Give Africa a Break.
Jul 3, 2012 -
Columnist Nicholas Kristof had a good op-ed the past weekend, "Africa on the Rise." Many of the fastest growing economies in the last decade or so are in Africa. Kristof says, "Africa is becoming more democratic, more technocratic and more market-friendly." Maybe it's a "tiger economy," he suggests. I chaired the Africa Subcommittee for eight years, have long pushed for reform in Africa, and sure welcome this good news.
Yet calling Africa an "economic dynamo" is a stretch. We've heard of plenty of "tigers," "lions" and "dragons" in the developing world, only to see them fall to earth. Also, "Africa" is a vast place, showing great progress, and great despair, often side-by-side.
This bit of hype aside, Kristof's key message is that Africa has promise and deserves greater attention. I agree. China has sure noticed Africa, Kristof tells his readers, which may have national security implications for us. And I very much appreciate that he flags congressional inaction on renewing a critical trade provision, which jeopardizes African economic gains.
Kristof gives an on-the-scenes report on the benefits of the African Growth and Opportunity Act, bipartisan legislation I am proud to have helped pass twelve years ago. He writes while visiting an apparel facility in Lesotho that employs 10,000 because of AGOA. I have seen that facility too. He calls AGOA "one of the best aid programs you've never heard of," because it isn't aid, he notes, it's trade. Today, American consumers see "Made in Lesotho" labels.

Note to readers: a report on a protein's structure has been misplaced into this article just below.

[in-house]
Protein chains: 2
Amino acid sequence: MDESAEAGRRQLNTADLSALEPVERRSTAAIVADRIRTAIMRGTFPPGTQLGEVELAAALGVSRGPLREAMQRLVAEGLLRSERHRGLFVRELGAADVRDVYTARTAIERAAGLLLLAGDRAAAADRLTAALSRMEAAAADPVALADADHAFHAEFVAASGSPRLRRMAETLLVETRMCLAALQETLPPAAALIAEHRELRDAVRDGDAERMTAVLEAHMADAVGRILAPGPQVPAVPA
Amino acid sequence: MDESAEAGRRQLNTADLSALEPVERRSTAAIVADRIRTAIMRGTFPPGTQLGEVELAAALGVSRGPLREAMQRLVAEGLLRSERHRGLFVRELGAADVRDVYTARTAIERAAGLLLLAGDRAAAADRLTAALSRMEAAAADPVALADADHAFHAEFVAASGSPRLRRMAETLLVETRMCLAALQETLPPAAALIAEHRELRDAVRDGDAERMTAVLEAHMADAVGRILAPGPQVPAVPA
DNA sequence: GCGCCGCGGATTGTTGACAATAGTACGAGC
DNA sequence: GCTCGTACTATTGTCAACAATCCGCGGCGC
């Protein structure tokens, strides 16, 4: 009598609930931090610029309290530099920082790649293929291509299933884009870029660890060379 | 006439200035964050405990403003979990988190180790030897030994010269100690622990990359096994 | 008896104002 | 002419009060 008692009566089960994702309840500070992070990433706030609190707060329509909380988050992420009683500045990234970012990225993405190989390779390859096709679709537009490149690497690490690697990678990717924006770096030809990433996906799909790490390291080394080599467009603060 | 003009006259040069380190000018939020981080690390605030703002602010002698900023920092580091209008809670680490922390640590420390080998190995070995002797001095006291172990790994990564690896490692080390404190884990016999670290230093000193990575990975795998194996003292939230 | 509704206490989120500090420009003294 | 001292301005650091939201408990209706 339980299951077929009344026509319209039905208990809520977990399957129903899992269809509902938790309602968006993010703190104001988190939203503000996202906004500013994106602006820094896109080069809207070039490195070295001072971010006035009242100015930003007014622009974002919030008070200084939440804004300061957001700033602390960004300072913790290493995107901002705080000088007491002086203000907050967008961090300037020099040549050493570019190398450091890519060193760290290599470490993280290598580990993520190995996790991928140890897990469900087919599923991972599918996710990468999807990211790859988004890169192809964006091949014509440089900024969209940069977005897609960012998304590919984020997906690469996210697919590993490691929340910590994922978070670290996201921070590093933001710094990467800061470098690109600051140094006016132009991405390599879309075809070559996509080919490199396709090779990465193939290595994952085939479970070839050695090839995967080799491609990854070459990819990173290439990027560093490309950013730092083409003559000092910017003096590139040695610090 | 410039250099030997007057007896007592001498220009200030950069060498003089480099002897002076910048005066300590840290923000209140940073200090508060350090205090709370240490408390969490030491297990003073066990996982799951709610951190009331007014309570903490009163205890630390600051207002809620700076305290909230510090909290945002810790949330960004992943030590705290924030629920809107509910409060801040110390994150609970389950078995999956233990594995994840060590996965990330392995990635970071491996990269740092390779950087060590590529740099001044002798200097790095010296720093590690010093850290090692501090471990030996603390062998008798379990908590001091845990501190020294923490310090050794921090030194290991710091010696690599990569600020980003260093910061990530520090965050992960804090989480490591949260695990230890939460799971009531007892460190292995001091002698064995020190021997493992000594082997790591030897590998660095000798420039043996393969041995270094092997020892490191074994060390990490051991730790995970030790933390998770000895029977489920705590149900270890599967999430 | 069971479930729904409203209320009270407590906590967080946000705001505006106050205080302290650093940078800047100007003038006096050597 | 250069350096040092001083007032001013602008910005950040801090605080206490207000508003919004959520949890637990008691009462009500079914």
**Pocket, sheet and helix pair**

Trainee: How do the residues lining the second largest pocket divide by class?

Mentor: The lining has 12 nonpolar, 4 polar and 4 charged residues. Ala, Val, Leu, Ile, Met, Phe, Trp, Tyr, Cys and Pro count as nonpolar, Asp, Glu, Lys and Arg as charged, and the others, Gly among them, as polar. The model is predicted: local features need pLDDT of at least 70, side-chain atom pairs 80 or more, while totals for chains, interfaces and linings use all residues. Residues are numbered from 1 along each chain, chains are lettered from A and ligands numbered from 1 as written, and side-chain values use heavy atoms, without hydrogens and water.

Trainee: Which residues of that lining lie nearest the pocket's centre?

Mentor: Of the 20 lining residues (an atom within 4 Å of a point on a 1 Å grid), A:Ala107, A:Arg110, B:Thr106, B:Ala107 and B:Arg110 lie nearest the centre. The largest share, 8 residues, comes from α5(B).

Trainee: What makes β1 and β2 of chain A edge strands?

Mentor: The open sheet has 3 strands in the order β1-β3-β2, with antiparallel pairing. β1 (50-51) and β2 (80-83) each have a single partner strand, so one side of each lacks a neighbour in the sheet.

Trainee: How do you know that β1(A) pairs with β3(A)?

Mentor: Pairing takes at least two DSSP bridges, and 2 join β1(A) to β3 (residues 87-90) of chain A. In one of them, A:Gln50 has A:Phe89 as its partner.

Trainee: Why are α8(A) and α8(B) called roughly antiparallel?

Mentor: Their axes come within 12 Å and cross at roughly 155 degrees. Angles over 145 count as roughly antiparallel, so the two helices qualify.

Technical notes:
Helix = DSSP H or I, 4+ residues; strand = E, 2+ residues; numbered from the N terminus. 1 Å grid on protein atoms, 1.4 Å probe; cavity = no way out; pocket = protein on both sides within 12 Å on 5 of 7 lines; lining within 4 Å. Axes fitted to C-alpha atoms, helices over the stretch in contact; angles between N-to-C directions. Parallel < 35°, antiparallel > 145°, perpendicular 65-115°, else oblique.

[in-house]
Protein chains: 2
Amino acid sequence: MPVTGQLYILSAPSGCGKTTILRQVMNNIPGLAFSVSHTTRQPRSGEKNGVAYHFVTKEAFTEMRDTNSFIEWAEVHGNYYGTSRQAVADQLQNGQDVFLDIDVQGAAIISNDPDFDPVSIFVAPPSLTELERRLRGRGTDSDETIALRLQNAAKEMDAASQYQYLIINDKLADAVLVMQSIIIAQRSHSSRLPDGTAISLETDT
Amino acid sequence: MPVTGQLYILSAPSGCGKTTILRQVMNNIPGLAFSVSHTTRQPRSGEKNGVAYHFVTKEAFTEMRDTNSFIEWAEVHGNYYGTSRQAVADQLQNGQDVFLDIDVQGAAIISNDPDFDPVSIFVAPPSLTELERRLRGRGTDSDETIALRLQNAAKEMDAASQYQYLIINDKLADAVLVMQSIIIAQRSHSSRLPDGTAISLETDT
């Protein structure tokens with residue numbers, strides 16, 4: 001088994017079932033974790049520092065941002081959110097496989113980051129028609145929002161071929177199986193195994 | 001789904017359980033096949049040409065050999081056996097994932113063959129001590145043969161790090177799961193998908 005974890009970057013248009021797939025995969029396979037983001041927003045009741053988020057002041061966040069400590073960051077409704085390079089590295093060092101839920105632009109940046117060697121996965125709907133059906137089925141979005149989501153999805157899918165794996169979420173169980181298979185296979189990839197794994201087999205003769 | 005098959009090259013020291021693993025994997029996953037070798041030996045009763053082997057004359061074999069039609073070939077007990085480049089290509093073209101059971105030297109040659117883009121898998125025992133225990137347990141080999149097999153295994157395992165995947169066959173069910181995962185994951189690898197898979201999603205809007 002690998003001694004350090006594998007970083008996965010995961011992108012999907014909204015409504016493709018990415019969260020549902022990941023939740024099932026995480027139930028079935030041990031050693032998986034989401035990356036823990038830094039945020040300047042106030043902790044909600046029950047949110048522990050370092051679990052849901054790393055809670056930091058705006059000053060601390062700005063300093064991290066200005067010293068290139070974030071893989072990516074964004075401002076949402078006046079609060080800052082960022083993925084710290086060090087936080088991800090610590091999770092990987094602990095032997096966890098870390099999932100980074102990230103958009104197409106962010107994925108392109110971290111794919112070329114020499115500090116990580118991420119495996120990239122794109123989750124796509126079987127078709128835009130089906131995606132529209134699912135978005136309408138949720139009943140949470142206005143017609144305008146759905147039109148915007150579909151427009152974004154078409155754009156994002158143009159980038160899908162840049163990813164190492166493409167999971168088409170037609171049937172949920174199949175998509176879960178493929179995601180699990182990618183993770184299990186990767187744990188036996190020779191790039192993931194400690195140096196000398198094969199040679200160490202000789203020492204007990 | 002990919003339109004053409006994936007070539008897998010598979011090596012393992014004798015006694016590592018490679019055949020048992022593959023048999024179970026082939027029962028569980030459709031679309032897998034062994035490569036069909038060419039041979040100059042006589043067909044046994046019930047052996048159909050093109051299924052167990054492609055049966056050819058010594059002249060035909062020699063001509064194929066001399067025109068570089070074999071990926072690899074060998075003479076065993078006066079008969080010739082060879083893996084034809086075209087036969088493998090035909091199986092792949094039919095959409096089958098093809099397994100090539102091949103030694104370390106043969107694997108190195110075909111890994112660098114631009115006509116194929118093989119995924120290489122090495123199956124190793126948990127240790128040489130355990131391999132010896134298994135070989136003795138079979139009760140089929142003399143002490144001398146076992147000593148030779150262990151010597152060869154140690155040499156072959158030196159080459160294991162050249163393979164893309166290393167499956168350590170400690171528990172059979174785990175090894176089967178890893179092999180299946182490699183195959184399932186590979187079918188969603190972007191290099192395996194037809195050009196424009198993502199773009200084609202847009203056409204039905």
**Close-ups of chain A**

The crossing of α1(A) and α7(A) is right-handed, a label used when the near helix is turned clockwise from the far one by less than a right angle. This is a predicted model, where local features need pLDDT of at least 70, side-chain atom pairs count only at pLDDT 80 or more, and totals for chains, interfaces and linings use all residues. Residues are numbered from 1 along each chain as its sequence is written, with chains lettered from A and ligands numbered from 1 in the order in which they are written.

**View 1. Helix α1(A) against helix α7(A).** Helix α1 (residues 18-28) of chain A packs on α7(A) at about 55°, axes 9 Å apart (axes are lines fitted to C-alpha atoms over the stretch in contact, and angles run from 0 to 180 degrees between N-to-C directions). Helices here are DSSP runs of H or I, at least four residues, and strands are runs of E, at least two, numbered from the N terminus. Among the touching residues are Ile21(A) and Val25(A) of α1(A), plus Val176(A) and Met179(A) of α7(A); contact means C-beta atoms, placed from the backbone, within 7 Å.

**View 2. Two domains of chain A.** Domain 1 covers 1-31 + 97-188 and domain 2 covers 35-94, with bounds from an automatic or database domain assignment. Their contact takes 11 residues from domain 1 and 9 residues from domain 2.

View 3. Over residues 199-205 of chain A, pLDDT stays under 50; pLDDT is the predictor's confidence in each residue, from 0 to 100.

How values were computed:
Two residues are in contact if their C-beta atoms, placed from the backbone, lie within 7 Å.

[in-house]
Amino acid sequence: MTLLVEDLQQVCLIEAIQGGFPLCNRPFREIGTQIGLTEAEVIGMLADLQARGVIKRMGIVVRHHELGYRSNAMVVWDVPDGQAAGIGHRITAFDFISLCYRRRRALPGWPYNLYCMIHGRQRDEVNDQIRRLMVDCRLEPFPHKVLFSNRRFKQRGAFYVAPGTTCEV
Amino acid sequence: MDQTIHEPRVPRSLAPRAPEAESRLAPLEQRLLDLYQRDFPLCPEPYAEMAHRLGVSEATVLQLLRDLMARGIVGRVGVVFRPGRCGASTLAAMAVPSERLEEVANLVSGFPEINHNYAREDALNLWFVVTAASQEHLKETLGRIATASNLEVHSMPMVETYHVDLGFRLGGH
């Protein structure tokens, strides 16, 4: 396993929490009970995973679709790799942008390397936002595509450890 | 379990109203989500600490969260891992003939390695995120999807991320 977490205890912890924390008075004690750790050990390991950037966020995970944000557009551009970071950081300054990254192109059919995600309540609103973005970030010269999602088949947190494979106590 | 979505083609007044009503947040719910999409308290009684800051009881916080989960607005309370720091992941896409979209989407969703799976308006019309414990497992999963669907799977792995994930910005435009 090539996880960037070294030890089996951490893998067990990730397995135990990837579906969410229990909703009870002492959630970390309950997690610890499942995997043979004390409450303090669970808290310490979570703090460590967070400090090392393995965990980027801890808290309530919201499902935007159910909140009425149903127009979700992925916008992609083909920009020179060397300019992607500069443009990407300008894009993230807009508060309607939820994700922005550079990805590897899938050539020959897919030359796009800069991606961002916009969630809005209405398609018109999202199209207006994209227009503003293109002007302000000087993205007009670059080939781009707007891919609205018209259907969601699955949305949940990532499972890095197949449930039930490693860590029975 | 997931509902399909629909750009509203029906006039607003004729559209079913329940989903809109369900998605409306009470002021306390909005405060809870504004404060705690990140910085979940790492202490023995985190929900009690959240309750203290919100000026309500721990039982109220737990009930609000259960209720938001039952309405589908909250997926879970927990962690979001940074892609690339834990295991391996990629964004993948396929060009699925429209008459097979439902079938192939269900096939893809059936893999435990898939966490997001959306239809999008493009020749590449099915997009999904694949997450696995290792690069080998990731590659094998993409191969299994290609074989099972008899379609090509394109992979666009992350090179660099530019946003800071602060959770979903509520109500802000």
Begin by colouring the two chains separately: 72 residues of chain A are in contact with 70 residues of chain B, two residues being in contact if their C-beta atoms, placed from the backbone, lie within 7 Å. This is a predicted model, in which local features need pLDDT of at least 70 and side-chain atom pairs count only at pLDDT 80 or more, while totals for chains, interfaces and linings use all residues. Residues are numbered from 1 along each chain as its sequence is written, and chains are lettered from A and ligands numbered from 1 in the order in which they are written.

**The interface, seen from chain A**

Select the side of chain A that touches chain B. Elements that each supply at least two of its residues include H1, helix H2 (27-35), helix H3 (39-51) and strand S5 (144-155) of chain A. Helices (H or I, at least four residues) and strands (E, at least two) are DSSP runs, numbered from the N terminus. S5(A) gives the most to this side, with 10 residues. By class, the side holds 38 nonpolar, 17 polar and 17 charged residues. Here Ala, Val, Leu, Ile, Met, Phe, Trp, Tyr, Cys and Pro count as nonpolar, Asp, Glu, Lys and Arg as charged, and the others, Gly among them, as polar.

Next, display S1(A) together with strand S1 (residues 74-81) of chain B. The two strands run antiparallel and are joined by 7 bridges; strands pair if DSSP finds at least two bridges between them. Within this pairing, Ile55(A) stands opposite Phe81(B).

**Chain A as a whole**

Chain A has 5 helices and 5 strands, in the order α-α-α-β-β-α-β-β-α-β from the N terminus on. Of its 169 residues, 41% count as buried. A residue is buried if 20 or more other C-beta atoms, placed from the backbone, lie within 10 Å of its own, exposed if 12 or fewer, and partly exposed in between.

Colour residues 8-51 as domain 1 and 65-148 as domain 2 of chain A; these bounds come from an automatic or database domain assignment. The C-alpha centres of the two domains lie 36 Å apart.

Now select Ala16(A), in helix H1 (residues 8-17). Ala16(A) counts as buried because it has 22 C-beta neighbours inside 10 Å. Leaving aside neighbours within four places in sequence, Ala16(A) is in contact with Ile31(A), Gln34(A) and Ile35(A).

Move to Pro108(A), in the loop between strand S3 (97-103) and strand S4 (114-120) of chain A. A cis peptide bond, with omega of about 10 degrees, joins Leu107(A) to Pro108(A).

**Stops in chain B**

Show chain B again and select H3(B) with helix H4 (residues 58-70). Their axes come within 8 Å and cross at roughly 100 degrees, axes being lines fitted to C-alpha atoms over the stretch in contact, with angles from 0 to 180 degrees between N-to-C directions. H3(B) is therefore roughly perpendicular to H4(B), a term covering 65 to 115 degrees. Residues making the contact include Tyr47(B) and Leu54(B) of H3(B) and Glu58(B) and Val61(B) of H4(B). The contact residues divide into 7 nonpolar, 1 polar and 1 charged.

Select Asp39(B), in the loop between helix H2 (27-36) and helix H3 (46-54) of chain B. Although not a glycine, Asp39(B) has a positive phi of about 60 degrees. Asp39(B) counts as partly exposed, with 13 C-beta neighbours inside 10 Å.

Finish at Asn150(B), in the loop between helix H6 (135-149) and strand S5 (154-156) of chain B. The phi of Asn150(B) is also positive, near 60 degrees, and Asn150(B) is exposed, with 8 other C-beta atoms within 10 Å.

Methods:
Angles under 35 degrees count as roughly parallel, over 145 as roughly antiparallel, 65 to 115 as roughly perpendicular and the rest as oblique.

I held a hearing a few weeks ago to highlight how this could all end. Quite badly, witnesses warned. A provision allowing African-manufactured apparel to use "third country fabric" and still be imported duty-free to the U.S. is set to expire. The three hundred thousand African apparel jobs AGOA has made possible are at risk. Already, 5,000 in Lesotho have been laid off, mostly women who support families, many extended families. In the competitive and global apparel market, most of these jobs will go in a flash to Asia, and for good. Yet legislation to fix this problem is just sitting.
Facing strong opposition a dozen years ago, it was a huge struggle to pass AGOA. Extending this critical AGOA provision today has no discernible opposition. That's the frustrating part. Kristof hits Congress for its "maddening" delay. He's right. But the Obama Administration has been AWOL. If Africa is important, the President must weigh-in. Africa has enough challenges to become an economic dynamo without taking this blow. Let's get moving.